and may promise to be resource intensive.
12. As aforementioned, funding is being aggressively pursued. Several initiatives
are currently under fiscal review by community experts and it is fervently hoped that
resources can be located to implement endeavors such as Personnel Security Research and
the ESP -- to name a few.
PERSONNEL SECURITY RESEARCH:
13. Dr. Joseph Holthaus, SPBS, then addressed the group on the status of
Personnel Security research. Dr. Hoithaus indicated the Personnel Security Research Sub
Committee functions under the auspices of the Personnel Security Committee and is staffed
by professional researchers. The primary function of the sub committee is to review and
validate existing and proposed research projects. Within the past year, the sub committee
met to review the various studies regarding the neighborhood coverage of the background
investigation. The feedback of the sub committee was provided to the policy community
which then made a policy pronouncement. The sub committee has established a research
database which maintains unclassified abstracts of personnel security research material
completed by government sources. During the past year, the sub committee has met
periodically to construct a personnel security research plan which outlines research
priorities for the next five years. That document has been reviewed and approved by the
Personnel Security Committee and forwarded to elements of DOD and CMS for fiscal
analysis. Upon completion of that analysis, the plan will move forward to the Policy
Integration Committee, the Security Policy Forum and eventually the Security Policy
14. The Board queried Doctor Hothaus as to the results of the neighborhood study.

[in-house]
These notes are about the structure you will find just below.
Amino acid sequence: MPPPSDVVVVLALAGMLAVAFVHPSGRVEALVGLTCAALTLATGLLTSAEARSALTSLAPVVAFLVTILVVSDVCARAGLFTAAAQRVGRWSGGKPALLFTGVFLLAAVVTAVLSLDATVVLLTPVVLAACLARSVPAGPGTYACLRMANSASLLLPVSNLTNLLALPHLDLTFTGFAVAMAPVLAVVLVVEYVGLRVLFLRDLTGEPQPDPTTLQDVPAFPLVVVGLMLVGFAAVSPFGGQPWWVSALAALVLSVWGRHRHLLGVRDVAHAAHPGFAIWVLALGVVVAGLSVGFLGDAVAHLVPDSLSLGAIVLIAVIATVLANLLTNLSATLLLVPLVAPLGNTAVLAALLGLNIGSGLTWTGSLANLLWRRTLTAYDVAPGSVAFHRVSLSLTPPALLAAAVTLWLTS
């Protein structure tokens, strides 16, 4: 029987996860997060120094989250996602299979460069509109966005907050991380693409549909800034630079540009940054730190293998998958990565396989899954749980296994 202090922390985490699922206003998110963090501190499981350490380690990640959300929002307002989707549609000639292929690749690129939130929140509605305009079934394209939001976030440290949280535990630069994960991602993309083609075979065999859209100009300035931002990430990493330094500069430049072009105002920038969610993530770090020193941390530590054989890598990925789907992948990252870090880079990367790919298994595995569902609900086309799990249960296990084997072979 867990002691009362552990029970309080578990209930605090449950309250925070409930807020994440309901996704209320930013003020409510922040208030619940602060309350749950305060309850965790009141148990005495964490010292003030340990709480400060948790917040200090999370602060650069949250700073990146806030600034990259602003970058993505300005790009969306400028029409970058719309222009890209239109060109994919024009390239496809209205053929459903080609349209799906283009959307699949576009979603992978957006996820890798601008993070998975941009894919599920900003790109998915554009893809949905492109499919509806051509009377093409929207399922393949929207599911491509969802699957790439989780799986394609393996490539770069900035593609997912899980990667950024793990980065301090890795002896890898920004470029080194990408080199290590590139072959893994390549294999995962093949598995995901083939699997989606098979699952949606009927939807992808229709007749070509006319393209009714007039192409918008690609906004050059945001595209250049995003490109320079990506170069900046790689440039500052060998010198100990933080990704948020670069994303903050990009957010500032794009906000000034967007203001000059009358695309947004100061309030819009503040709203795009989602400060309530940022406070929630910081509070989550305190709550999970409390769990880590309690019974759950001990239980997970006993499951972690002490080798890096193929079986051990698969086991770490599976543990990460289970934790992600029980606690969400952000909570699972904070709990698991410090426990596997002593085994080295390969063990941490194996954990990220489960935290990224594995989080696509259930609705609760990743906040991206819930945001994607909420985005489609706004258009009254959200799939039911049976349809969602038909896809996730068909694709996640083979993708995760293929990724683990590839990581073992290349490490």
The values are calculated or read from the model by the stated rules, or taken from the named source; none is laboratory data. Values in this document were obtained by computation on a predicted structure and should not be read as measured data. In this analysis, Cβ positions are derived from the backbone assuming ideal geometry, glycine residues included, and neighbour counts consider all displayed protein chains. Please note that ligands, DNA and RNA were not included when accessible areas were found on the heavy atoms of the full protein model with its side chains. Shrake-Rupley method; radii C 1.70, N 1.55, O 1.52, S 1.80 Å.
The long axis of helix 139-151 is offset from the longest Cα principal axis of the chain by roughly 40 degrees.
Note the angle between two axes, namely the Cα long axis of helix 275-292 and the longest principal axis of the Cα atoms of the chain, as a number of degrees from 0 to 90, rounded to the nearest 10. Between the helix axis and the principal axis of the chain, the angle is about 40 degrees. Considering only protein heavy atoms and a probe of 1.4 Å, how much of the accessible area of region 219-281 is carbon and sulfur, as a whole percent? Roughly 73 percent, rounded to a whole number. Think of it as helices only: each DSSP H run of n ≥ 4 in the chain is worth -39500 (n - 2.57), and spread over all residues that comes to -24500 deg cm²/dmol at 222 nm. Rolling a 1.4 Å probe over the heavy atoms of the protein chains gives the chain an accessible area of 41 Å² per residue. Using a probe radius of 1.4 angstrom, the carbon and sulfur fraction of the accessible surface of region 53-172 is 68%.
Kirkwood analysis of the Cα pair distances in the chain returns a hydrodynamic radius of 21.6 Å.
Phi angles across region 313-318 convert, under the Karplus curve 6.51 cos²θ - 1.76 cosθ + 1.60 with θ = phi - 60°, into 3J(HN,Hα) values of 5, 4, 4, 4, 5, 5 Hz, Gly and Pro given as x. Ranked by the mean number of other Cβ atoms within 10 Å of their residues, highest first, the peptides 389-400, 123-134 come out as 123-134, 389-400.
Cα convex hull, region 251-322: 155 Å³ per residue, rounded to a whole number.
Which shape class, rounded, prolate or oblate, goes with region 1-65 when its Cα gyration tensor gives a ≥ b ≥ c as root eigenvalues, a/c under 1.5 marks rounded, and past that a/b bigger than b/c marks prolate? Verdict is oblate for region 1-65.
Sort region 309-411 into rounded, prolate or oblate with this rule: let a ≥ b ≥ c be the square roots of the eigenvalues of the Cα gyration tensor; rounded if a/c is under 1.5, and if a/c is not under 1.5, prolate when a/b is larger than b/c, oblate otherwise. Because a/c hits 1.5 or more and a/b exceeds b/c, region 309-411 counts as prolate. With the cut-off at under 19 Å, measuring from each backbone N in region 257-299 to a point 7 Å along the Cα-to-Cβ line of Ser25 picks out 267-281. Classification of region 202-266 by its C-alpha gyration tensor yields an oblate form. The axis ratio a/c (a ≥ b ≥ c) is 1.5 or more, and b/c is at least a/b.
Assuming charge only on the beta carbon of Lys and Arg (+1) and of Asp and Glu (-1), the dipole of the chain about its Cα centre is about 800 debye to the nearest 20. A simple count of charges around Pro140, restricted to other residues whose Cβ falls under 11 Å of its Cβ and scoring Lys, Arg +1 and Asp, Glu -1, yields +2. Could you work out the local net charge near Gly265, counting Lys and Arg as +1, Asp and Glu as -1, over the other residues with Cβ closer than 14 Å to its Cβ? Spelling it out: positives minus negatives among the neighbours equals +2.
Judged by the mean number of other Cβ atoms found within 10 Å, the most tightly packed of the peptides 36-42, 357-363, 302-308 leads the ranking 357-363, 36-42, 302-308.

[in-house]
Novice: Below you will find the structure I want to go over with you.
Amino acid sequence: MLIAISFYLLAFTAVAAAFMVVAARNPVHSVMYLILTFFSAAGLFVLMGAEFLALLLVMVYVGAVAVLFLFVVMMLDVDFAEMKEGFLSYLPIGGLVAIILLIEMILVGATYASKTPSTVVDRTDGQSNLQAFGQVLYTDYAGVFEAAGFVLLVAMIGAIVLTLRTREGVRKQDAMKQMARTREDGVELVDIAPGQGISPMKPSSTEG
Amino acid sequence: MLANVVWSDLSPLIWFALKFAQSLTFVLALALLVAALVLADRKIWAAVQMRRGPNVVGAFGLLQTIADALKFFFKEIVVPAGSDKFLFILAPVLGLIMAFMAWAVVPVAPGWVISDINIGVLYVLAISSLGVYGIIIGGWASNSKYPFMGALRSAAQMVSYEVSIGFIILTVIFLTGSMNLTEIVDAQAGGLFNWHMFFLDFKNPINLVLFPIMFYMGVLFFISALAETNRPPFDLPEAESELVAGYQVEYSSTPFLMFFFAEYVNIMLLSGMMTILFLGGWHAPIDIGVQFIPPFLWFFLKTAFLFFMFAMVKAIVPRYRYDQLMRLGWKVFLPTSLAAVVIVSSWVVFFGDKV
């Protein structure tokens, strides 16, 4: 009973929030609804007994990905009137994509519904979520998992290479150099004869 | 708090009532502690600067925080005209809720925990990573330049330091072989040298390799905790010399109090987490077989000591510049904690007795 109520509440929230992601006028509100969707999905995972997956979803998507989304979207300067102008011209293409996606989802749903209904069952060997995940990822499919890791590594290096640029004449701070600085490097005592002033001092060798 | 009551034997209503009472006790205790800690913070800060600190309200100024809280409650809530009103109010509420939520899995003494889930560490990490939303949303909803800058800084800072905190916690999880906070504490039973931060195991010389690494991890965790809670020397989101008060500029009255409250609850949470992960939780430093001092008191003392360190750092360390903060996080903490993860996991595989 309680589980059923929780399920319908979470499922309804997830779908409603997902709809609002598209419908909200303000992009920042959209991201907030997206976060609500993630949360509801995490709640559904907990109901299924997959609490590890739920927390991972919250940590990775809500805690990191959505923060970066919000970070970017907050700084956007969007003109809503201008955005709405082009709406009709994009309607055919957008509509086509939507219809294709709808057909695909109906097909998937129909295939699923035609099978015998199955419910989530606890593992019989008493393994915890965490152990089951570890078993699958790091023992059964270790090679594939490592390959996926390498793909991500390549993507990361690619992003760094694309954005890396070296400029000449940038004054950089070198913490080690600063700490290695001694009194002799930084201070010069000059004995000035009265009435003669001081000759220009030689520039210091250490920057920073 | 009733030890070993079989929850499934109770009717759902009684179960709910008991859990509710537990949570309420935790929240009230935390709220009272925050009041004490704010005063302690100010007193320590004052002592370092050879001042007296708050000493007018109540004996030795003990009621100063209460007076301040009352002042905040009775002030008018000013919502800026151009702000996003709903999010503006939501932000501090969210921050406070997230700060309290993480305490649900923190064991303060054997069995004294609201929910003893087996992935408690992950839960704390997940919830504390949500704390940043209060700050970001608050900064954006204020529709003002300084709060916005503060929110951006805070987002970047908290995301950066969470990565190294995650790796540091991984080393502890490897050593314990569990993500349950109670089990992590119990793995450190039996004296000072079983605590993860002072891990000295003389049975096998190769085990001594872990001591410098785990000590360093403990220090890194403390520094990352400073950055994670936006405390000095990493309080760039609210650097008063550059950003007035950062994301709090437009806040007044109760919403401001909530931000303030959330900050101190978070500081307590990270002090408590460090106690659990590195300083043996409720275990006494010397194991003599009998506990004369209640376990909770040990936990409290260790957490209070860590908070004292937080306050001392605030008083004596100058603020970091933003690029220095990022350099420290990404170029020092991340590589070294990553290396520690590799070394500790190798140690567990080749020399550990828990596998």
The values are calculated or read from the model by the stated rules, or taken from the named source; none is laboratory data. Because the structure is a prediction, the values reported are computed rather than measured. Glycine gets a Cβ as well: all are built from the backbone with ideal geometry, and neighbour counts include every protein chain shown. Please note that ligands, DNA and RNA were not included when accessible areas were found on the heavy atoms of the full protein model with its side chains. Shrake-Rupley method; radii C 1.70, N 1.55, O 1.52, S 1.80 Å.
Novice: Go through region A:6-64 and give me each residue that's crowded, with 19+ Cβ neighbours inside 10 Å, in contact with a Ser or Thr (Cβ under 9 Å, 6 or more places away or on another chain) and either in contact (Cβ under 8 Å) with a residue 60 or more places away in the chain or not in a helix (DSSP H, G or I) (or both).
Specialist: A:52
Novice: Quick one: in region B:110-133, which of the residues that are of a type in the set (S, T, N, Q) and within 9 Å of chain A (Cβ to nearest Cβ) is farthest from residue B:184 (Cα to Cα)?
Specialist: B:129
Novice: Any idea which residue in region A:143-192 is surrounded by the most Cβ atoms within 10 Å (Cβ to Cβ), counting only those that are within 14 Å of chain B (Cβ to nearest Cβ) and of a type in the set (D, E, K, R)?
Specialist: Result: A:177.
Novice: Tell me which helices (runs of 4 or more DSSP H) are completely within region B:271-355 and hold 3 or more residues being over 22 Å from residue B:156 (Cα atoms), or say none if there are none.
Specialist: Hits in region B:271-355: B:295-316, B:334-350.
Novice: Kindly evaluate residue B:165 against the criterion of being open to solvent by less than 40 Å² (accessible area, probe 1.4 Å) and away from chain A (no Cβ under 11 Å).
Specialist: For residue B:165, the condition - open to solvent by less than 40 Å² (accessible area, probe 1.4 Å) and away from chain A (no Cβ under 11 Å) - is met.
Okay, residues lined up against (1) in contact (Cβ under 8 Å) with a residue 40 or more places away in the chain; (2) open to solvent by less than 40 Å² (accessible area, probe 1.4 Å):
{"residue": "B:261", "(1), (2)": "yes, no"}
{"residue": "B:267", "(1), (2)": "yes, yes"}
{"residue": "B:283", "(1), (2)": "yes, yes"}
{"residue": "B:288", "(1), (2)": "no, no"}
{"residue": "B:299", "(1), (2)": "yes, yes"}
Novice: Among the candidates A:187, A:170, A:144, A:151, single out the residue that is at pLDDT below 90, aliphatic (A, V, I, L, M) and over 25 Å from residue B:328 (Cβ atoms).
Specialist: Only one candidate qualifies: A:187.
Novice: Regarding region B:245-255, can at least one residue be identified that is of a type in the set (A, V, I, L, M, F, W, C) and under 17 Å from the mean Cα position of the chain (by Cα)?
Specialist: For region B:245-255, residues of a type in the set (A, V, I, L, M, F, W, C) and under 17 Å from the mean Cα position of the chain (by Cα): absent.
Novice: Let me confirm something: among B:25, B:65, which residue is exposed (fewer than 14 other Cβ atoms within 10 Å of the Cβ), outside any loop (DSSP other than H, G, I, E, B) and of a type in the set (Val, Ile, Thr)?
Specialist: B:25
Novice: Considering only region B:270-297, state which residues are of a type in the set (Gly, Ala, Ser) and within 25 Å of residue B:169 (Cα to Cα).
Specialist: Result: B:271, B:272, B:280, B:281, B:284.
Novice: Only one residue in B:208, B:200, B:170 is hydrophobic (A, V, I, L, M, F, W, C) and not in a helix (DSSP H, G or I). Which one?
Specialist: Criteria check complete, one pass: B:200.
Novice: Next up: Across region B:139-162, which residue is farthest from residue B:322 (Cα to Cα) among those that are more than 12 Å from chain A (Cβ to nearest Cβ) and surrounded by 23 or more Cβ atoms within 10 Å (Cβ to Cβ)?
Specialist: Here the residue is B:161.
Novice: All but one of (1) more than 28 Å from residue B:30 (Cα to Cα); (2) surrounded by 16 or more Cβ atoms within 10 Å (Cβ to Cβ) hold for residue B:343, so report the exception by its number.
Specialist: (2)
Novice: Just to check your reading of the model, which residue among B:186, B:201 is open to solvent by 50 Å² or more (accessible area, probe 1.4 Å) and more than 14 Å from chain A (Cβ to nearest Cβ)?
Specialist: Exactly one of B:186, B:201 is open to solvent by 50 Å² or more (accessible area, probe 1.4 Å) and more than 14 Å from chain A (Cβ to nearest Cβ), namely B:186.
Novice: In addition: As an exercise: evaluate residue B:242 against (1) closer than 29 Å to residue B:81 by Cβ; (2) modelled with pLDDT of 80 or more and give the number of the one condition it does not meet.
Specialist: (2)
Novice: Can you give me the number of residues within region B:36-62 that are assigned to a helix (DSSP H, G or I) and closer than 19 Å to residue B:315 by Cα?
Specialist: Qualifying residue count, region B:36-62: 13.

He indicated that in the final tally all agencies, save one, voted to retain neighborhood
coverage dating back three years. The Board also asked which source in the background
investigation produced the greatest amount of noteworthy information. According to
current data, subject interviews provide noteworthy information in 21% of cases.
15. Mr. Terry Thompson, SPBS, then began a discussion on the current status of
the financial disclosure issue. At this time two options are under consideration. The first is
the financial disclosure form consisting of seventy four data points and currently used by a
single agency. The second possibility, Option B, is a four question addendum to the SF 86
which queries the filer as to assets, liabilities and income. The form gathers more data and
the requested information is quite specific while Option B requests totals of assets,
liabilities and income but not a listing of specifics. The latter also includes expanded use of
financial databases, additional training for adjudicators and investigators and additional
questions to be asked of a source and/or a subject during the course of the investigation. It
is speculated that use of the form will probably provide more data and that information may have utility from an investigative standpoint. Conversely, the form is considered highly
invasive and the utility of the derived information is not necessarily held to be self evident.
The Board then queried whether the experimental use of the form has yet yielded any hard
data. No qualitative information is yet available but the design of the program is such that
significant yields may occur only over a period of years.
16. A participant indicated that industry sentiment favored providing whatever
fmancial data was eventually gathered directly to the governrnent rather than to a company security officer.
17. Another participant stated that industry is particularly sensitive about salary
information and treats it in a highly proprietary fashion.
18. Several participants expressed concern about the confidentiality of the data
The Board does not believe a case can be made for a separate financial disclosure
form. The form is highly invasive and the information gathered of questionable
investigative or screening utility. Certainly there has not yet been a convincing
demonstration of the usefulness of the data. The Board endorses Option B.
19. There was no further commentary and the meeting was closed by Mr.
Thompson at 1115 hours.